This thought-provoking play from Irish-American playwright Eugene O'Neill takes an unflinching look at the challenges of parenting and the often primal conflicts that can fester between parents and their children. The drama unfolds during what starts out as a pleasant-enough social visit, as anthropologist Curtis Jayson and his wife Martha play host to one of Curtis' college friends.
One of the most significant plays of the twentieth century, Eugene O'Neill's The Hairy Ape is still as startlingly fresh and innovative as it was when it was first published nearly a hundred years ago. Primal working man Yank feels at home in the harsh but familiar environment of a ship's engine room, but a chance encounter with a wealthy socialite turns his world upside down and throws everything he knows into question.
Irish-American playwright Eugene O'Neill is credited with altering the trajectory of American drama in the early twentieth century by focusing on the lives of working-class people and using language that more closely echoed everyday vernacular. The Straw is an account of a man who falls in love while in quarantine, being treated for tuberculosis.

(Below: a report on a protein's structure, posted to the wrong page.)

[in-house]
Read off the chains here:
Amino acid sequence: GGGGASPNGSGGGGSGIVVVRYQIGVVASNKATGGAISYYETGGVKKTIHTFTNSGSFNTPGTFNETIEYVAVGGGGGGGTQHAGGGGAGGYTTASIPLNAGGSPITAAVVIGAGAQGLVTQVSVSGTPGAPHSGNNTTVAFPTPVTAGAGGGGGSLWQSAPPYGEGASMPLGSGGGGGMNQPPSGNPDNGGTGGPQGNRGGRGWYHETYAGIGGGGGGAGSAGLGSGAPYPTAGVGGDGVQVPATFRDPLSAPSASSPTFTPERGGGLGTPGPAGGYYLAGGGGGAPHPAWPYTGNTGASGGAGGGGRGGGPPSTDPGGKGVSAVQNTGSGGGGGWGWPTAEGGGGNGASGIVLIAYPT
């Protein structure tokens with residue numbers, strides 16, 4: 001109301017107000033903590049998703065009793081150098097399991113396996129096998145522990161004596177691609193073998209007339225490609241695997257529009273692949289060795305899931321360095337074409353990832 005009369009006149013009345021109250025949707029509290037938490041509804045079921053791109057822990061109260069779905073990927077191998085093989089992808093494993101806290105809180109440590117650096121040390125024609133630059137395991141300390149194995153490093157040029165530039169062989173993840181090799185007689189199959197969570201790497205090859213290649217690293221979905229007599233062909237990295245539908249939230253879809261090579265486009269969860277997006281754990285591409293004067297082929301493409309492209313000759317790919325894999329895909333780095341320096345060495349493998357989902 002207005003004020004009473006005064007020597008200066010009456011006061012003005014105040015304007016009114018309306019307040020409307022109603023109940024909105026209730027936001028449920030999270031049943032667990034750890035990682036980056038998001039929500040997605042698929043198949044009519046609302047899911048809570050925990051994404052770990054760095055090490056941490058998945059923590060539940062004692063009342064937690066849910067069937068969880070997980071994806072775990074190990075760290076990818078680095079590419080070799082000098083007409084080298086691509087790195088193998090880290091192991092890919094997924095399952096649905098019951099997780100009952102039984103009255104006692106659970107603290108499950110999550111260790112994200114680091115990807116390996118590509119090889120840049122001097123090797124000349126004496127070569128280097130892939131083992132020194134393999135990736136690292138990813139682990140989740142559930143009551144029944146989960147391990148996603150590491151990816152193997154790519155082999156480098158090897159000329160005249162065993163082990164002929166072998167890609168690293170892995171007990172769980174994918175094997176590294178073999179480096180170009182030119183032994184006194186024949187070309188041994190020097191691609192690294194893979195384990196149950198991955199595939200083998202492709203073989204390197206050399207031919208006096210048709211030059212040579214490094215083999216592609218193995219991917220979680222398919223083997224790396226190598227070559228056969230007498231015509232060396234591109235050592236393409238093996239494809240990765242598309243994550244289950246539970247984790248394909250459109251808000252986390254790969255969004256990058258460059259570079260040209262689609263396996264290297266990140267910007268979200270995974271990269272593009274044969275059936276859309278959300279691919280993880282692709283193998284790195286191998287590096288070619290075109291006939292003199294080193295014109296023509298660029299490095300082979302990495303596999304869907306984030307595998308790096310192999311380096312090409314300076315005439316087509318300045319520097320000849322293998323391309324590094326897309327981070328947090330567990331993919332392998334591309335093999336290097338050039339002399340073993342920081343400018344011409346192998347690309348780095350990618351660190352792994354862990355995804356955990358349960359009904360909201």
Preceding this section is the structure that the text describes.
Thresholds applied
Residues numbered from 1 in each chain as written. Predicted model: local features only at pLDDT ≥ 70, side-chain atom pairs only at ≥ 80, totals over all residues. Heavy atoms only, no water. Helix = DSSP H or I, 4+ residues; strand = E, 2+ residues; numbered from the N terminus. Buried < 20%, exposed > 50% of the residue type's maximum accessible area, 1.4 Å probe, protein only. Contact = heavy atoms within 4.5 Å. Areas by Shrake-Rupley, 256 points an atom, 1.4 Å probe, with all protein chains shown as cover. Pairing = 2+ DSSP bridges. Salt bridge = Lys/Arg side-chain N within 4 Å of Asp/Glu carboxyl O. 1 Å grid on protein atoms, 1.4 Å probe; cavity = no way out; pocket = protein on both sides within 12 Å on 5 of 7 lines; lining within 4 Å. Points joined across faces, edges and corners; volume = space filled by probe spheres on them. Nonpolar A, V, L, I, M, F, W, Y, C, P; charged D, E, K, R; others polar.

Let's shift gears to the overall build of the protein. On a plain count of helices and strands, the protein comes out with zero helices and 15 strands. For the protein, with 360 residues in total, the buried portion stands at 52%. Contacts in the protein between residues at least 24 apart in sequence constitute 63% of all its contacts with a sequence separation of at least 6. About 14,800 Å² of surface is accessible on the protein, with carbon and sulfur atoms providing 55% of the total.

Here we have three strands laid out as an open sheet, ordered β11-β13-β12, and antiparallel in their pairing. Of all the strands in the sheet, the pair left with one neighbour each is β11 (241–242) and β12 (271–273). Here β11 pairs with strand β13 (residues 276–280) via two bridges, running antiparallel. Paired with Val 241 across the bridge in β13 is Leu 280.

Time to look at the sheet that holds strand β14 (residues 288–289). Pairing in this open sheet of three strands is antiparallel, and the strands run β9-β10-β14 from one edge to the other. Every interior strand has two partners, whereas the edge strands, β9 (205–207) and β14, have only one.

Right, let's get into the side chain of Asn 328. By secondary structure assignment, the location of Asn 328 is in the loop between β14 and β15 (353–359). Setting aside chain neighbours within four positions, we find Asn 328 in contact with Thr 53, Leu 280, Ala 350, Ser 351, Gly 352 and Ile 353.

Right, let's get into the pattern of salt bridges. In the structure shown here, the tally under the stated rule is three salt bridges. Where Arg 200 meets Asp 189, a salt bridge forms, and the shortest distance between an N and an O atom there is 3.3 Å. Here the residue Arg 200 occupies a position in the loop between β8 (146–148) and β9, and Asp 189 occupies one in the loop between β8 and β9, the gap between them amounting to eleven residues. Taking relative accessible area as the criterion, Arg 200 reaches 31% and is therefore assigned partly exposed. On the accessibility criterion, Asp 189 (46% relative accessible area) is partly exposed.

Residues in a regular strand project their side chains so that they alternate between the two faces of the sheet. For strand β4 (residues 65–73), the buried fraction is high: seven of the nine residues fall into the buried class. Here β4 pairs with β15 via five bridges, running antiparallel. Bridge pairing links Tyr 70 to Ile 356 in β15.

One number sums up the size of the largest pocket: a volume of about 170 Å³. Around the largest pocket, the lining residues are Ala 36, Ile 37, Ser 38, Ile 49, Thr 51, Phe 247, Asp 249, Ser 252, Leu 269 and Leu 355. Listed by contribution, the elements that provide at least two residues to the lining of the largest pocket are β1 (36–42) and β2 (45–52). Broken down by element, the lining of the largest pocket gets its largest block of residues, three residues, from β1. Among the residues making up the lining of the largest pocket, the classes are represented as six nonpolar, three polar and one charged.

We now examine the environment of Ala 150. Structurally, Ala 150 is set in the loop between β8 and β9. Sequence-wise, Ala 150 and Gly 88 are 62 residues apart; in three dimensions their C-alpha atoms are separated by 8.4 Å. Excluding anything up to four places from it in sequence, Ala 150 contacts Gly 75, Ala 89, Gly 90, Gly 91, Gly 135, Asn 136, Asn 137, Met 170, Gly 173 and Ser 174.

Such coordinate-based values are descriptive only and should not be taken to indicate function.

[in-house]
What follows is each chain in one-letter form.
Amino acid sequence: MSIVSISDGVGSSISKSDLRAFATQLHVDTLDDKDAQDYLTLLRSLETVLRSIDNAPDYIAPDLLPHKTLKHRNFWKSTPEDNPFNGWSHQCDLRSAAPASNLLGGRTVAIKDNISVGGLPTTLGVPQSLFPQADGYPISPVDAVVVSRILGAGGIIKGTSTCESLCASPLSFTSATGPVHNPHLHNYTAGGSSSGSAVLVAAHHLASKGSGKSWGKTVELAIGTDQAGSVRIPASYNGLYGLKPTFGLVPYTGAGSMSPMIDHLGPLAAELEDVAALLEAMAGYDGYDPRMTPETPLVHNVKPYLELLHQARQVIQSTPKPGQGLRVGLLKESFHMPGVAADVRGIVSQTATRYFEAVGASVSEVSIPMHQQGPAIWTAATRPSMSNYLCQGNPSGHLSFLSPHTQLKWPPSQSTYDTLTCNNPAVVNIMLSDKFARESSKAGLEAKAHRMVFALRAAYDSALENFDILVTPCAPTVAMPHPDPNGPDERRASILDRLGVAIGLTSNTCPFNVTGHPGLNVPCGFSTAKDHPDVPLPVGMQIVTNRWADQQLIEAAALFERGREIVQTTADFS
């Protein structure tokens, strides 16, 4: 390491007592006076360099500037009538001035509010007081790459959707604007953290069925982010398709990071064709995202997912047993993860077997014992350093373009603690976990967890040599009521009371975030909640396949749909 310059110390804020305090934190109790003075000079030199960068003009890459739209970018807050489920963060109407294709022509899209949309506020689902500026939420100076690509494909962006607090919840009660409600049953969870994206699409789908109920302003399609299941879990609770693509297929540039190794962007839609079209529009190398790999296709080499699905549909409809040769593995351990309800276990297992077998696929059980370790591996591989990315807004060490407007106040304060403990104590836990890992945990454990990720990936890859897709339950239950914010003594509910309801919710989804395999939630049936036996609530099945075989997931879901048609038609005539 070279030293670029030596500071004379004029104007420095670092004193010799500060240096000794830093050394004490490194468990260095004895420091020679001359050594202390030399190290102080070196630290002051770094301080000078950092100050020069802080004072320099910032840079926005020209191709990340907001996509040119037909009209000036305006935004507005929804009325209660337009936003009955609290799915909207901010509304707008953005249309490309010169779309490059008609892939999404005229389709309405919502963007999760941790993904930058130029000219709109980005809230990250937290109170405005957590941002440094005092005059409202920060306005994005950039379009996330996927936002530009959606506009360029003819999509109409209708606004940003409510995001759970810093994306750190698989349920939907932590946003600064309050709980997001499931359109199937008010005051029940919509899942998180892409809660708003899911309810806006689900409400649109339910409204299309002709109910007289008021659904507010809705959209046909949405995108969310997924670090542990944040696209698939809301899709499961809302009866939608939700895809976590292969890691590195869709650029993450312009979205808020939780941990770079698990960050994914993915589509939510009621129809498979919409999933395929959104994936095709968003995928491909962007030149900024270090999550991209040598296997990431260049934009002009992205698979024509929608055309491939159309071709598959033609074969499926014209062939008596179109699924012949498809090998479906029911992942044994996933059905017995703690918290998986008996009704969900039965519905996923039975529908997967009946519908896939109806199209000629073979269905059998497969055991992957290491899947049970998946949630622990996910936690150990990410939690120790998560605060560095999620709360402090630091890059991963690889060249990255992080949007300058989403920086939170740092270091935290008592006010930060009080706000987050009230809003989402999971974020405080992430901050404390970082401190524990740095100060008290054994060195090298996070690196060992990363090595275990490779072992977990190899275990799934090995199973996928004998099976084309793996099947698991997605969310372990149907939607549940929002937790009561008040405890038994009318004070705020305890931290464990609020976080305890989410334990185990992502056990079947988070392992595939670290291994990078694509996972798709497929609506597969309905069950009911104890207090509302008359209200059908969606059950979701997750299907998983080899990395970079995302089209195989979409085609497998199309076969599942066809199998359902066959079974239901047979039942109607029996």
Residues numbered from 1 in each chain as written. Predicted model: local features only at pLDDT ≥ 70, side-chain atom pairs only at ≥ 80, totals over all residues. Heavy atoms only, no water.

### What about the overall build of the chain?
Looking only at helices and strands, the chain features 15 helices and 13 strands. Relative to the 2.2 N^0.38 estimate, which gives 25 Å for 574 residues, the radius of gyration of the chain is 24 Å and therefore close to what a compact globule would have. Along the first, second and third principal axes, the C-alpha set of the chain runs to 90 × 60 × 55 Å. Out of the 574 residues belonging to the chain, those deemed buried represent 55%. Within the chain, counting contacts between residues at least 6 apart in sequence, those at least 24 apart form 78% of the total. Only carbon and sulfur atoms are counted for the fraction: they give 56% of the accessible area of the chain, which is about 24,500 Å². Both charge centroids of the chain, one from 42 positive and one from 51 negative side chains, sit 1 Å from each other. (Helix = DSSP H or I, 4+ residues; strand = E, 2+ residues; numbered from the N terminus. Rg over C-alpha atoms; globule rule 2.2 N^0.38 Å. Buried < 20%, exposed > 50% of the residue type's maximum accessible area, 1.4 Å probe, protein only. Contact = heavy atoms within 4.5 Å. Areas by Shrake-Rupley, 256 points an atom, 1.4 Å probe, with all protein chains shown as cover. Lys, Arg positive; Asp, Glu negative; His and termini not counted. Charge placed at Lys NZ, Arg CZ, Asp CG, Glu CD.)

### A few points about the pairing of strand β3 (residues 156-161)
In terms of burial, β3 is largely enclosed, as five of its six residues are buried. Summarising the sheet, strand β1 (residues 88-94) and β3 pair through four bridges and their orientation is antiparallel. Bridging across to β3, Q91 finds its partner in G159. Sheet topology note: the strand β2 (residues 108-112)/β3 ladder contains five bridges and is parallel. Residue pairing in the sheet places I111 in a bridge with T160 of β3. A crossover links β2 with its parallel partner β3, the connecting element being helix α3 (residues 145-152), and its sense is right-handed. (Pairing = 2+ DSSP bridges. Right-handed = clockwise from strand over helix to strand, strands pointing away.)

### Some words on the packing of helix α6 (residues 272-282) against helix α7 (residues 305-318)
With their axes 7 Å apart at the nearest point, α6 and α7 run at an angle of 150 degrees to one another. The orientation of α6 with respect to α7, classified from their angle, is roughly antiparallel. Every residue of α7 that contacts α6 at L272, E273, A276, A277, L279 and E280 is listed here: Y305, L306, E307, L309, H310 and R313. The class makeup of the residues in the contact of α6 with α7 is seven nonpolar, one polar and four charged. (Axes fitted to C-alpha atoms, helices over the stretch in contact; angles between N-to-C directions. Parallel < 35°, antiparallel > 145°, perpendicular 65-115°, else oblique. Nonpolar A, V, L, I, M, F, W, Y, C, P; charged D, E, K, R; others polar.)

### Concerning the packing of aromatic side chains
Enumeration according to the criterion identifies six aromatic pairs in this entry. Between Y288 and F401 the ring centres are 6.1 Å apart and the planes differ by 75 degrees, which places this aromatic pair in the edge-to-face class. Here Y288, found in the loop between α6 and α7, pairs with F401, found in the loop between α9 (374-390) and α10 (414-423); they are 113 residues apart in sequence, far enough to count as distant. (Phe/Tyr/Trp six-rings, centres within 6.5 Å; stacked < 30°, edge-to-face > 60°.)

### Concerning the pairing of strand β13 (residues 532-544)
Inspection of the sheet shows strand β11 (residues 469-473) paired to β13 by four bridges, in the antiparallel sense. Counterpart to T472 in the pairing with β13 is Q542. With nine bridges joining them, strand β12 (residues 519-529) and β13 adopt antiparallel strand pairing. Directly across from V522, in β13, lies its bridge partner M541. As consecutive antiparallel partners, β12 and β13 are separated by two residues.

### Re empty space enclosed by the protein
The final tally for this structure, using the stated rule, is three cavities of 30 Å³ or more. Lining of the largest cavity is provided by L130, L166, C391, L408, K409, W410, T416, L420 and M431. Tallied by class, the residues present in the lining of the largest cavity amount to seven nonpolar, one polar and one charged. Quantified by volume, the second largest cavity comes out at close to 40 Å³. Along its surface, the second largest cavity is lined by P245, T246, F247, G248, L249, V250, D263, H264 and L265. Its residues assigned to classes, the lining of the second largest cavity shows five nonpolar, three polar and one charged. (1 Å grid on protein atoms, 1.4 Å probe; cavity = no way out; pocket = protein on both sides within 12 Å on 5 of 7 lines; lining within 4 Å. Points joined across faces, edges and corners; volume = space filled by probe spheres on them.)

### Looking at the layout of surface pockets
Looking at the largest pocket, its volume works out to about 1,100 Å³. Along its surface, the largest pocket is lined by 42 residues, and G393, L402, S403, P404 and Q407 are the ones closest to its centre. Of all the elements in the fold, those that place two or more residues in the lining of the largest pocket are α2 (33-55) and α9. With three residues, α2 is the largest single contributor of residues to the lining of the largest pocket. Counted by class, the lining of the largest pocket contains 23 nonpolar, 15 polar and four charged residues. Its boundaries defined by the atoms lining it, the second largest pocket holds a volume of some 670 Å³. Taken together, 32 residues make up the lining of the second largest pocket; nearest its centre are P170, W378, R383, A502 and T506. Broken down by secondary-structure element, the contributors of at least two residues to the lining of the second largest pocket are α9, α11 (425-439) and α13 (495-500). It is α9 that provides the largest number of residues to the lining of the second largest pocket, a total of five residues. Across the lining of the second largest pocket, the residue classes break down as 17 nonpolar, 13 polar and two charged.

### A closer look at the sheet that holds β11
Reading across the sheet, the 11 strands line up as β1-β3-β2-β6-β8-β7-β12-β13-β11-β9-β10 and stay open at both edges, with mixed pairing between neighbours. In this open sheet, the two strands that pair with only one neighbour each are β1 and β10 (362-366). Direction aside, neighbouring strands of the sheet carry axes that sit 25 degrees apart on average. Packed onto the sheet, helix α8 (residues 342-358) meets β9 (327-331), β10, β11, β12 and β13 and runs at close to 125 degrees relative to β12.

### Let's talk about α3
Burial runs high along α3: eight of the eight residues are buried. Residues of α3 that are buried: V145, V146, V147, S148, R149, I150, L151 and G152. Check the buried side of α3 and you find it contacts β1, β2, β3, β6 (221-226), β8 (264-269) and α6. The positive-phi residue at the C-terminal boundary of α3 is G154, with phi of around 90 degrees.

Anna Christie is a play in four acts, which won O'Neill the 1922 Pulitzer Prize for Drama.
Anna makes contact with the father she has not seen since her infancy, and he takes her on board his coal barge. There she falls in love with a man they rescue from a shipwreck, but trouble arises when she tells them she has been working as a prostitute.
Eugene O'Neill's autobiographical play Long Day's Journey into Night is regarded as his masterpiece and a classic of American drama. With this new edition, at last it has the critical edition that it deserves. William Davies King provides students and theater artists with an invaluable guide to the text, including an essay on historical and critical perspectives, glosses of literary allusions and quotations, notes on the performance history, an...